10 Sep 2019

General election may not end Brexit impasse, poll analysis suggests

Analysis conducted for Channel 4 News suggests an election would be closely fought and may lead to another hung parliament


A general election may not end the Brexit impasse, according to an analysis of polling data.

Opposition MPs yesterday rejected Boris Johnson’s bid to call a General Election for a second time. The prime minister hoped the vote might secure him a majority in the House of Commons and break the deadlock.

But projections now show that an election would be closely fought and may lead to another hung parliament – with no significant change to the overall parliamentary arithmetic.

The analysis of voting intentions was conducted by analytics company Focaldata for Channel 4 News.

It says the Conservative Party could win several seats from Labour – including in Wales and the North of England – but would also lose seats to the SNP and Lib Dems.

With 18% of those who voted Conservative in 2017 potentially switching over to the Brexit Party and splitting the vote, the party could be squeezed out of key marginals.

Altogether, Conservatives would end up with just 317 seats – exactly the same number as Theresa May won in 2017.

Meanwhile, Labour would do worse than before, shedding 35% of their 2017 voters. Analysis suggests the party could end up with 237 seats, compared to the 262 it won in the last election.

But many seats look set to be a closely-fought race, meaning the final result could swing significantly over the course of an election campaign. Non-aggression pacts between parties could also have a significant impact in many seats.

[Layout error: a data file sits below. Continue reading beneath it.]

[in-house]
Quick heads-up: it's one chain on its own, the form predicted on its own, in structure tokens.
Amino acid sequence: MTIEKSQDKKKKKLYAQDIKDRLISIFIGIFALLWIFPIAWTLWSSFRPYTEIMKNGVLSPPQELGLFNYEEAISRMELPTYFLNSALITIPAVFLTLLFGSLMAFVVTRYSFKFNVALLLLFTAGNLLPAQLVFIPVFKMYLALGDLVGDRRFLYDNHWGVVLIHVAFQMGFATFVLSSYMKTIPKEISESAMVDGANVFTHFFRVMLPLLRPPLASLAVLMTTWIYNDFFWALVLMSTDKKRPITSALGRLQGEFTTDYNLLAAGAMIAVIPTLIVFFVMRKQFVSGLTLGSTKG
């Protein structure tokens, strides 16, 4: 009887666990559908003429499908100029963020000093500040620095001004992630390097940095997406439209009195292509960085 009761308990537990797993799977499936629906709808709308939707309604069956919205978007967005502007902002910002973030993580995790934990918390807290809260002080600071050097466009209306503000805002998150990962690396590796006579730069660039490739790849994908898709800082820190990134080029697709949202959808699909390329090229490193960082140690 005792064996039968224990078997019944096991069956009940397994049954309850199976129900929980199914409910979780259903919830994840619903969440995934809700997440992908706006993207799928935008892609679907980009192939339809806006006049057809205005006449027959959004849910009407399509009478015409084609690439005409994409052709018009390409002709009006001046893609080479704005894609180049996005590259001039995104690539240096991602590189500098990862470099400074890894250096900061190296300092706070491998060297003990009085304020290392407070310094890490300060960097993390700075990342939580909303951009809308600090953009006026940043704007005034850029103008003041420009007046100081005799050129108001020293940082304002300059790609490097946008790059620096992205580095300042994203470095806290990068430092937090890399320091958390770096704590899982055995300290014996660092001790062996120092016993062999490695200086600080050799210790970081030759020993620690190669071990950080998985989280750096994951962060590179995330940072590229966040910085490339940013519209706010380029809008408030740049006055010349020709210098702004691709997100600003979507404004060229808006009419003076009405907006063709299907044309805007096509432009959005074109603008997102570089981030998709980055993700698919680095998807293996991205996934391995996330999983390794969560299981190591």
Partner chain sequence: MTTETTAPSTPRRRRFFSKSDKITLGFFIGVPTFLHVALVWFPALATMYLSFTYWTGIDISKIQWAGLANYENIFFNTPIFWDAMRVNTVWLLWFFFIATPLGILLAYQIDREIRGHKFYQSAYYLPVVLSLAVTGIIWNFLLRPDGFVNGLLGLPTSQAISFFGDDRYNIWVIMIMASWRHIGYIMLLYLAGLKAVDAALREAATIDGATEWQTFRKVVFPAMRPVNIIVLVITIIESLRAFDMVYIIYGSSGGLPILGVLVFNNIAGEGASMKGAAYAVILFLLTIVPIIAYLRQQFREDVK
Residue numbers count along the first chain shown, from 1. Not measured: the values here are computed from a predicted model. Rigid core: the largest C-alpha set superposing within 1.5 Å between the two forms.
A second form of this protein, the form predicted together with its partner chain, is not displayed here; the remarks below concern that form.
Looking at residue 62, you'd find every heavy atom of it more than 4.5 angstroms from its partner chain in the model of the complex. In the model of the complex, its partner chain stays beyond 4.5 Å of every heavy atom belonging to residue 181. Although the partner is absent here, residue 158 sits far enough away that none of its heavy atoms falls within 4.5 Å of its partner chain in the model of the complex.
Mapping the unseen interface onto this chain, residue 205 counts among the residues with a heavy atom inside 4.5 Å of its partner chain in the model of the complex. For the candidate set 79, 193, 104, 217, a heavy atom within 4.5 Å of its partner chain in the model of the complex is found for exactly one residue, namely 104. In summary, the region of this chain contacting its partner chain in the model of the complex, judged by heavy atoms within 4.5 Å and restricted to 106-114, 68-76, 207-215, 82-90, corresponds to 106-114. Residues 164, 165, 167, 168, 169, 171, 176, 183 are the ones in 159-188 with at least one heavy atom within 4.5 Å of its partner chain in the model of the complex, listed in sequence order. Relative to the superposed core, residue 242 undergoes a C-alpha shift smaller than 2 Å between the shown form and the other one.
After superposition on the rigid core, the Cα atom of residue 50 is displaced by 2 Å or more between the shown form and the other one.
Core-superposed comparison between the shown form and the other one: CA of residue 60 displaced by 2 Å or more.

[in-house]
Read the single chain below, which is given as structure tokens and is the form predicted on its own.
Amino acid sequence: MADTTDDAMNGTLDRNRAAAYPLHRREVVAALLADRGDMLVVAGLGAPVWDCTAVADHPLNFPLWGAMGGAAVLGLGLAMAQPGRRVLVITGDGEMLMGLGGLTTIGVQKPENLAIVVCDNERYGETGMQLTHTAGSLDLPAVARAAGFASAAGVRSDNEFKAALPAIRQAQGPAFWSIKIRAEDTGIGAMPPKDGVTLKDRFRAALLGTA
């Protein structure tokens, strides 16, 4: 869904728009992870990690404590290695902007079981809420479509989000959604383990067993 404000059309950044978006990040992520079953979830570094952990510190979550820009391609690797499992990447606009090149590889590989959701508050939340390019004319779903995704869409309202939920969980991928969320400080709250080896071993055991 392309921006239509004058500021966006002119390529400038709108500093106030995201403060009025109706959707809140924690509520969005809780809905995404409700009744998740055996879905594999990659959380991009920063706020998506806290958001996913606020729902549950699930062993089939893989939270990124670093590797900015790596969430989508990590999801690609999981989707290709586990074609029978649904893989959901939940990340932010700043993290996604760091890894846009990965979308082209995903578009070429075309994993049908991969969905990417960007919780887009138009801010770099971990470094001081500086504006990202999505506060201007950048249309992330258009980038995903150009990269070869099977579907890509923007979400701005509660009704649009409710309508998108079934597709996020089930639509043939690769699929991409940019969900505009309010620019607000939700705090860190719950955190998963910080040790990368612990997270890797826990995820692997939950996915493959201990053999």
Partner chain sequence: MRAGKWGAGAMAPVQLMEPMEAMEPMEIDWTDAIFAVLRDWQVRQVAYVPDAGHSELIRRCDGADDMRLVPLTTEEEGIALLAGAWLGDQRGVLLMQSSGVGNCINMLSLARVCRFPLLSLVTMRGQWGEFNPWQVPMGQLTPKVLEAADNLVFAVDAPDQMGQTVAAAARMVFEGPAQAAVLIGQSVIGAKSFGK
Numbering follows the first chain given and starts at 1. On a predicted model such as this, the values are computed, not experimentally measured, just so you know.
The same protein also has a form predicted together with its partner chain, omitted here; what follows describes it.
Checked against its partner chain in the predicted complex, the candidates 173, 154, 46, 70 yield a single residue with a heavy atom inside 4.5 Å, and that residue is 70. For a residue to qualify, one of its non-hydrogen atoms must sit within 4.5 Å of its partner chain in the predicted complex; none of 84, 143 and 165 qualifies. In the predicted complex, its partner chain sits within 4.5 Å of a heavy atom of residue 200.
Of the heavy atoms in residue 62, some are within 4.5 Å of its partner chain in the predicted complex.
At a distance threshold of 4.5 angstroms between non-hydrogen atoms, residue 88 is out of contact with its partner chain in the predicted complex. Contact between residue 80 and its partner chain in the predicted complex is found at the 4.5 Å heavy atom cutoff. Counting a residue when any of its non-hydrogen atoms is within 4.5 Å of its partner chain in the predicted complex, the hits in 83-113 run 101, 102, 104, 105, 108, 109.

Thurrock looks set to be one of the tightest swing seats: Conservatives and the Brexit Party are both forecast to get 27% of the vote, with Labour getting 29%.

Justin Ibbett, the CEO of Focaldata, told Channel 4 News: “The Conservatives’ strategy is to make inroads into Labour areas in the Midlands and North. They are doing this, but not enough to counteract the fact that they are losing seats in Scotland to the SNP and to the Lib Dems in the south.”

He added: “It could change very quickly. Our predictions have it very neck and neck.

“In Places like Ashfield [the Conservatives] are slightly ahead; in strong Labour-held constituencies they are just behind. In a campaign there’s every chance they could pull ahead if they can take more of the Brexit Party vote share. There’s also a chance of a Labour surge like in 2017.”

Focaldata conducted the analysis using a modelling technique known as MRP (multilevel regression with post-stratification). MRP enables the survey data to be adjusted by more variables than traditional weighting

The analysis, which does not include seats in Northern Ireland, suggests:






Our Political Correspondent analyses the polling data here.